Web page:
This is the time of year, the countdown to Thanksgiving, that we professional Appliantologists lovingly refer to as “Cooking Season.”
I love cooking season. It marks the next season in my local appliance service bidness from the warm refrigerator fire drills all summer long, through the inevitable slowdown after Labor Day, to cooking season when families get together to break bread and turkey legs, crack a few cold ones, catch up on each other’s lives and generally get on each other’s nerves. Through it all, The Appliance Guru is right there with you, helping, listening, seeing things we shouldn’t see… oh, wait, that’s the NSA.
Many of my local service customers, aware that they’re coming up on Thanksgiving, figure they better go ahead and run a self-clean cycle on their range or oven in case that nosey mother-in-law decides to inspect the inside of the oven.
Problem is that this is about the only time during the whole year they run the self-clean cycle. More often than not, what ends up happening is that all the grease accumulated on the door latch motor gets hardened into a crusty, burnt cement that prevents the door latch from unlocking at the end of the cycle.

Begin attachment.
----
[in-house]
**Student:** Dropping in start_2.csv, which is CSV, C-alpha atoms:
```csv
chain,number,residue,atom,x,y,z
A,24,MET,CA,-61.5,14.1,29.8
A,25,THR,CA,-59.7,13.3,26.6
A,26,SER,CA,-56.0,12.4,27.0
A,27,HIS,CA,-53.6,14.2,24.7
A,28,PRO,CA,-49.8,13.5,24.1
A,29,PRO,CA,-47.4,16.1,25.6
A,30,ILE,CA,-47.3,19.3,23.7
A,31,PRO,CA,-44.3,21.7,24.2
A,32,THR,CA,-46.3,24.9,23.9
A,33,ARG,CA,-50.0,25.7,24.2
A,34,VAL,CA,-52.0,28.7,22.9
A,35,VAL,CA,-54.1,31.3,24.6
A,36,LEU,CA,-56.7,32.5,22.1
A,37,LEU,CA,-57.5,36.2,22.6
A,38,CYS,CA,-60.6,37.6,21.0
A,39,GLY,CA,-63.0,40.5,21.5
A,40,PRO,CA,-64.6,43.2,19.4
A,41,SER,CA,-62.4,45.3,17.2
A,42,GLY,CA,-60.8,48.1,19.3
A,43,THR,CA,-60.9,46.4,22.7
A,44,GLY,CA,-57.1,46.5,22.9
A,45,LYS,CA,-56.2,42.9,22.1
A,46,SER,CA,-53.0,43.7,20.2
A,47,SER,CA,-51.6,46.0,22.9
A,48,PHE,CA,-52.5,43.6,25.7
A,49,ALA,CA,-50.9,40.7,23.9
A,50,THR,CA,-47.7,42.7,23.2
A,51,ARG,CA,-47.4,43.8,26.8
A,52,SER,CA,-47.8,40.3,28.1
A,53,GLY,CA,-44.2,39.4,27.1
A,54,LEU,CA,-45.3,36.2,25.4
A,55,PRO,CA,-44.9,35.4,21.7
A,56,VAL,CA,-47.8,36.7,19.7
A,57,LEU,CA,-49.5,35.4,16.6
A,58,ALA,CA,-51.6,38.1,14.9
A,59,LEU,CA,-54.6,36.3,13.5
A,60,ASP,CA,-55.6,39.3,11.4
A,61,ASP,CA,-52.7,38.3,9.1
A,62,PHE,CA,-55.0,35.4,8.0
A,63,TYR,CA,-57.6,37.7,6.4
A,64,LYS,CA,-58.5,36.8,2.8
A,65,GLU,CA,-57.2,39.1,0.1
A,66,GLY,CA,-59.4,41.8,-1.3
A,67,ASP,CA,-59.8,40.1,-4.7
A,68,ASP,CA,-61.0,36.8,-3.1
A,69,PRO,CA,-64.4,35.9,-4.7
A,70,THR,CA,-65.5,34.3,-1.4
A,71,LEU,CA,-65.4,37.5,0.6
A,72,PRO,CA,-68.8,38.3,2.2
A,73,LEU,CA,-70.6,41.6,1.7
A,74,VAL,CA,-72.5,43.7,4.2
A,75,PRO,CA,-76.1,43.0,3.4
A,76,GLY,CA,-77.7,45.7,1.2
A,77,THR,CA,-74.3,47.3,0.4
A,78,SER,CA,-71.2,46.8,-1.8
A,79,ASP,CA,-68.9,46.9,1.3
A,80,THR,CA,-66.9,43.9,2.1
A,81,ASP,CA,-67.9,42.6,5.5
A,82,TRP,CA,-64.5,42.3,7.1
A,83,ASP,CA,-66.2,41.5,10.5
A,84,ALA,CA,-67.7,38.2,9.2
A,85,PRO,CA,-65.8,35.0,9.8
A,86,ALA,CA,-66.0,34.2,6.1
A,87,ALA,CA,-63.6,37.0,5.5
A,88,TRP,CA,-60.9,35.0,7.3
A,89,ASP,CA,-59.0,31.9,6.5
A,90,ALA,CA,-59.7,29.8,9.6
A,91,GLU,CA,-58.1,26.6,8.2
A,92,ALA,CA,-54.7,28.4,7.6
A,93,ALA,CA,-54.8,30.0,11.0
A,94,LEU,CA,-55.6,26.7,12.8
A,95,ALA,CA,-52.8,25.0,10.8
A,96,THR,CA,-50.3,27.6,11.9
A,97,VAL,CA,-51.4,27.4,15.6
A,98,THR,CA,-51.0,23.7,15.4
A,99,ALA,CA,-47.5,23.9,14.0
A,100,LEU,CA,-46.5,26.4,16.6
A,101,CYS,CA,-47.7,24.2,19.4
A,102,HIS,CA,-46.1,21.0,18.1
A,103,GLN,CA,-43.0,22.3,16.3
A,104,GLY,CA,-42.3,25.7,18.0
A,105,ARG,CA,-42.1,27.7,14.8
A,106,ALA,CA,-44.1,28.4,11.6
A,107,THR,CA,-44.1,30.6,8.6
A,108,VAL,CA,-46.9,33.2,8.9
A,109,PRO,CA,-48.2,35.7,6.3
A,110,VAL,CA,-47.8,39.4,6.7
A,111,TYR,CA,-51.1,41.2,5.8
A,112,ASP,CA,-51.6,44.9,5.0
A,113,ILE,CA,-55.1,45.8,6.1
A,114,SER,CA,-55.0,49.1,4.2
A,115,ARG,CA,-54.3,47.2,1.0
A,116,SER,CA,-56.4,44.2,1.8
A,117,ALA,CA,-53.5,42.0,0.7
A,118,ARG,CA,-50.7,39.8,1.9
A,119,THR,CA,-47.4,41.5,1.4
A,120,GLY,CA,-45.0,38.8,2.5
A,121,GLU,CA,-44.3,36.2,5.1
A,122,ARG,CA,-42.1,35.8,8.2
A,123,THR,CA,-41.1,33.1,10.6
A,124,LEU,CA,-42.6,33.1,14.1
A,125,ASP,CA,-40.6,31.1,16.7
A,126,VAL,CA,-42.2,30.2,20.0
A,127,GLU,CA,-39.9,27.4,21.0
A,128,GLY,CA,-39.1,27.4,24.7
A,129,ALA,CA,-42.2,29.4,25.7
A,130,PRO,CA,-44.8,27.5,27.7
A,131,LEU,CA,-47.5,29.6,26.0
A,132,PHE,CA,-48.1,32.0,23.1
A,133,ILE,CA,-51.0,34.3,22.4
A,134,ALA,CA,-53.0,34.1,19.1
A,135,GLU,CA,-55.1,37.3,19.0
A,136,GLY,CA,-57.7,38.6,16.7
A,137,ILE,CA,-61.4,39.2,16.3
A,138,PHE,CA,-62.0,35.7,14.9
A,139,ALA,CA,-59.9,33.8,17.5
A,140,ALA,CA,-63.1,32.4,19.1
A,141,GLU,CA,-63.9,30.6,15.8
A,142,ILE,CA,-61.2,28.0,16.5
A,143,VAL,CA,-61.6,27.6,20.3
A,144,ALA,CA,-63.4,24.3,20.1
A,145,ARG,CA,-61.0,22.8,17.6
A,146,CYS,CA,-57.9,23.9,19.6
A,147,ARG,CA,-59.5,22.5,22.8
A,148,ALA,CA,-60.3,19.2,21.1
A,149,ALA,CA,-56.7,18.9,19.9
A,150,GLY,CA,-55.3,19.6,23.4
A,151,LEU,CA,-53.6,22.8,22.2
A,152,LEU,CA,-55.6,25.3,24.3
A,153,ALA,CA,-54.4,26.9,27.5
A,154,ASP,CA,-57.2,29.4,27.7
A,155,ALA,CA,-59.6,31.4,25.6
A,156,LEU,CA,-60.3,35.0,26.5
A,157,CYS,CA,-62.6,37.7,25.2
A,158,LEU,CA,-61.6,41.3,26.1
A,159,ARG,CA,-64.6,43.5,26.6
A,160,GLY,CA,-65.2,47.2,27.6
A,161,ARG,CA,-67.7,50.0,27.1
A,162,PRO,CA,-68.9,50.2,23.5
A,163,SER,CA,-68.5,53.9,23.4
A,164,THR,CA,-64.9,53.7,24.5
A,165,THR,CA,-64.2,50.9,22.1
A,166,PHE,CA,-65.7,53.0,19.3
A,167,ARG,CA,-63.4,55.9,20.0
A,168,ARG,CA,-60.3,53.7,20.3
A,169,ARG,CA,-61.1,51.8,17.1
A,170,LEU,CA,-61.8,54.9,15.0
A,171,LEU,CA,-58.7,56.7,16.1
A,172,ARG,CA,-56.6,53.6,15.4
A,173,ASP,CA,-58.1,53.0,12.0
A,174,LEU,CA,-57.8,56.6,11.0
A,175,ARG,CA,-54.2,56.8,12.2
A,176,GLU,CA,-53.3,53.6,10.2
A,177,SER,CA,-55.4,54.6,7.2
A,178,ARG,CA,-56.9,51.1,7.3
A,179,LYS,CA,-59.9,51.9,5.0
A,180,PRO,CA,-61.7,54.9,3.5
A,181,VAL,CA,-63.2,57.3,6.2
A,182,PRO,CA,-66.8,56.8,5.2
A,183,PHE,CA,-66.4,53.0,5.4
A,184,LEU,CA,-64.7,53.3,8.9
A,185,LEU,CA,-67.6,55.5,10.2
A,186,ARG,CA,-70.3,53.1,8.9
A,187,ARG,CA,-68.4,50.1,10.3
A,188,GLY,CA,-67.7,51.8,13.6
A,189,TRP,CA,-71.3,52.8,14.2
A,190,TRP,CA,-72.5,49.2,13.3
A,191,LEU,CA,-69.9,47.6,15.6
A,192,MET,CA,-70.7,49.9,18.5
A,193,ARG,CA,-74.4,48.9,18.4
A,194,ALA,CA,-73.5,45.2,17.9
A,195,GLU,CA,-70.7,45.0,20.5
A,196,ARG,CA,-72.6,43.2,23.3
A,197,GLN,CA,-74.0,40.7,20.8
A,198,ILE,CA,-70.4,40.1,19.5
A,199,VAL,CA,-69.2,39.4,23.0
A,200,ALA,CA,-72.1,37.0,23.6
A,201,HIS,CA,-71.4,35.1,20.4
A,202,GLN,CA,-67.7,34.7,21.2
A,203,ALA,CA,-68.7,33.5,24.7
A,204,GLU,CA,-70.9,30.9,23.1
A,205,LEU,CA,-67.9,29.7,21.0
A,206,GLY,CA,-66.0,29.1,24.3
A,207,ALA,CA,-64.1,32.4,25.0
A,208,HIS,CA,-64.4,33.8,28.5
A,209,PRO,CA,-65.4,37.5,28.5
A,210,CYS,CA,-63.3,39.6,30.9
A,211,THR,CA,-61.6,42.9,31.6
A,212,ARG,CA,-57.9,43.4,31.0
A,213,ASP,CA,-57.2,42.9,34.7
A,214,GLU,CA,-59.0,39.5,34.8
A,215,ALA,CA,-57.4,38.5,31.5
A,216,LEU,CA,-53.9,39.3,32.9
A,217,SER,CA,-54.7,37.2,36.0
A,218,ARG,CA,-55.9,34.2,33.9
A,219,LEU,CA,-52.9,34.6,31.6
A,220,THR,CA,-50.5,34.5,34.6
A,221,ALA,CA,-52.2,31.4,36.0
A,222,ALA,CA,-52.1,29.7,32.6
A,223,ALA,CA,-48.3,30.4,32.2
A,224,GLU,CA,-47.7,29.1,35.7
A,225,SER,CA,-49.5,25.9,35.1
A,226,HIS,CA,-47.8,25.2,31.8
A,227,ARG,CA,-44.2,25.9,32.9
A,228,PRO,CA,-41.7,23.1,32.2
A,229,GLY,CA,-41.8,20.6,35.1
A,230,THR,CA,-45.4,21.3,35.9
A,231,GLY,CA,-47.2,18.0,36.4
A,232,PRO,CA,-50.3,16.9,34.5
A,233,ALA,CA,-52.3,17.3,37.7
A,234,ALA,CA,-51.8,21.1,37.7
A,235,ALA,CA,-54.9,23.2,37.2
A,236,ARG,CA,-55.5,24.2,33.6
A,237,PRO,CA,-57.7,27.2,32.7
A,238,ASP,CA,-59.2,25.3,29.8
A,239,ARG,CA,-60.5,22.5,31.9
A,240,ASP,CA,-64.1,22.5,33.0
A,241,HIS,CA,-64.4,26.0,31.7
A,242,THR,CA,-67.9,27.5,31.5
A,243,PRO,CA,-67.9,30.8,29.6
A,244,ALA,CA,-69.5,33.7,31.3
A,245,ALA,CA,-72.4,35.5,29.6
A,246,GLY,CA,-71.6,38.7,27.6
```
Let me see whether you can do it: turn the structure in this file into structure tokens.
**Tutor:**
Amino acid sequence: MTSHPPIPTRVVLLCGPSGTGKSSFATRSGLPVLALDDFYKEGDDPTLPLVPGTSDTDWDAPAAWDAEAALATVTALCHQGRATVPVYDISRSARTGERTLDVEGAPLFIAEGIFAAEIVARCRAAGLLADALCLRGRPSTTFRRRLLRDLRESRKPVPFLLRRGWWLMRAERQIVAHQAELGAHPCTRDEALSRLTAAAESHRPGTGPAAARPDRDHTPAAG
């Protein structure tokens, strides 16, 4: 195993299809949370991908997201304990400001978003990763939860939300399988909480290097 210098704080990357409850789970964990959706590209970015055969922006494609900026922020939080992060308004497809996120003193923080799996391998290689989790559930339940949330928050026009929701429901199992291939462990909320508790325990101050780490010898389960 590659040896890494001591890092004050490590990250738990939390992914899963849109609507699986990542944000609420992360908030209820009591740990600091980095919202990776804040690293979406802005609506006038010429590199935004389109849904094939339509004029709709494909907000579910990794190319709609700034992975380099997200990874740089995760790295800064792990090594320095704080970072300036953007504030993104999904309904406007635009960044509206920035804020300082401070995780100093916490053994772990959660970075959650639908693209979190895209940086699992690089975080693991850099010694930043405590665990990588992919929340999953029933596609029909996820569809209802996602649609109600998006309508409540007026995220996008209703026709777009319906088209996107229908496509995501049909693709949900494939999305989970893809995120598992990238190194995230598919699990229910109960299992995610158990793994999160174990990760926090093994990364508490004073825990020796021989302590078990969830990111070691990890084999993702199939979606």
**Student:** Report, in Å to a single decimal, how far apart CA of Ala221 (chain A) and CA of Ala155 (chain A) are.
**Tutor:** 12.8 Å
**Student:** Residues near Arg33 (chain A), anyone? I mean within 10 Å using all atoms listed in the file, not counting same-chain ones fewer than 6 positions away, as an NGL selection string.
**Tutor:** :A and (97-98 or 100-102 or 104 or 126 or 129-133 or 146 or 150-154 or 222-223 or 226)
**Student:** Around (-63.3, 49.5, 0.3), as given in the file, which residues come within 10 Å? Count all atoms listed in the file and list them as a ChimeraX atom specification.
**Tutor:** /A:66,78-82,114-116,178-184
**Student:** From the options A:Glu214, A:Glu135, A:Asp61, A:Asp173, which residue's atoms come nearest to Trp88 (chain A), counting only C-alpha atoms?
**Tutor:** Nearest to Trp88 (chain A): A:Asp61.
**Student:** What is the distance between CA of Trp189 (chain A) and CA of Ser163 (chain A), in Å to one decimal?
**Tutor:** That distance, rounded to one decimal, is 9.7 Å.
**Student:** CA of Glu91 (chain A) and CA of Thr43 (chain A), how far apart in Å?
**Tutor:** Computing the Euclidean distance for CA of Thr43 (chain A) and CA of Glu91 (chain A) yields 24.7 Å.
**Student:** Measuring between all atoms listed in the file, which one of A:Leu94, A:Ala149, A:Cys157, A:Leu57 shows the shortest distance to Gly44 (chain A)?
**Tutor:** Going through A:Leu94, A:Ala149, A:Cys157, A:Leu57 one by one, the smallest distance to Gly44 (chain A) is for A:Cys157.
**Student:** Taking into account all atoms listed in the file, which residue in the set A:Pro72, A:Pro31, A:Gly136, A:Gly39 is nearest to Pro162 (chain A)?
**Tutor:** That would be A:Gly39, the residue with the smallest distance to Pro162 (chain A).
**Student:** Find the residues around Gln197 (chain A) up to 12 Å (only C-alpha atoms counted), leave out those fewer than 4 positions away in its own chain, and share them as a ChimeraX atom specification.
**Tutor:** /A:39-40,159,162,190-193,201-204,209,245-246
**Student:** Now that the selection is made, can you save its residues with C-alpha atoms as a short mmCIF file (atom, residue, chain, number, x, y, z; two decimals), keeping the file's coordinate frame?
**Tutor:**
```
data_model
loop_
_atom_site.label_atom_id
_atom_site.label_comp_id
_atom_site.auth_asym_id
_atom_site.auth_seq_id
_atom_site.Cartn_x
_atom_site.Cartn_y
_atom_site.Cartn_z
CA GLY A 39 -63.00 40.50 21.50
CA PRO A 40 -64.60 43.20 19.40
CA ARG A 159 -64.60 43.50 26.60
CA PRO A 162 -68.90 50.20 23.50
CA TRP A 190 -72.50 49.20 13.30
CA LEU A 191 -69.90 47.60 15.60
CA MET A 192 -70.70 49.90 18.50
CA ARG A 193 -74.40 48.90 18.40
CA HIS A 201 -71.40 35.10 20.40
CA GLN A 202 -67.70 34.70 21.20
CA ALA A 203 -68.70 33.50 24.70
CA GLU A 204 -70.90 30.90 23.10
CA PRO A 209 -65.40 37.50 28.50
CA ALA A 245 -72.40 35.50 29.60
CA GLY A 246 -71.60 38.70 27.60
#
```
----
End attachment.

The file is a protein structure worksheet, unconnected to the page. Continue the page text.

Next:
Result: door stuck closed at the end of the clean cycle and no access to the oven. I get dozens of these calls in the run up to Thanksgiving. It’s nice, profitable work for me so it’s definitely not in my self-interest to give away these closely-guarded trade secrets. But you’ve just reaped the bountiful benefit of reading my blog here at Appliantology!
I’ll let you in an another secret: Our range at home has the self-clean feature, like most medium to upper-end ranges do. We have never used it, not even once. I don’t generally get away with telling Mrs. Guru what to do— she doesn’t take kindly to that and can get downright ornery. But when I explain to her that using the self-clean feature can break her oven and it might take me months to get it fixed (because no one pays me to fix my own broken stuff), she sees the light. And now you do, too.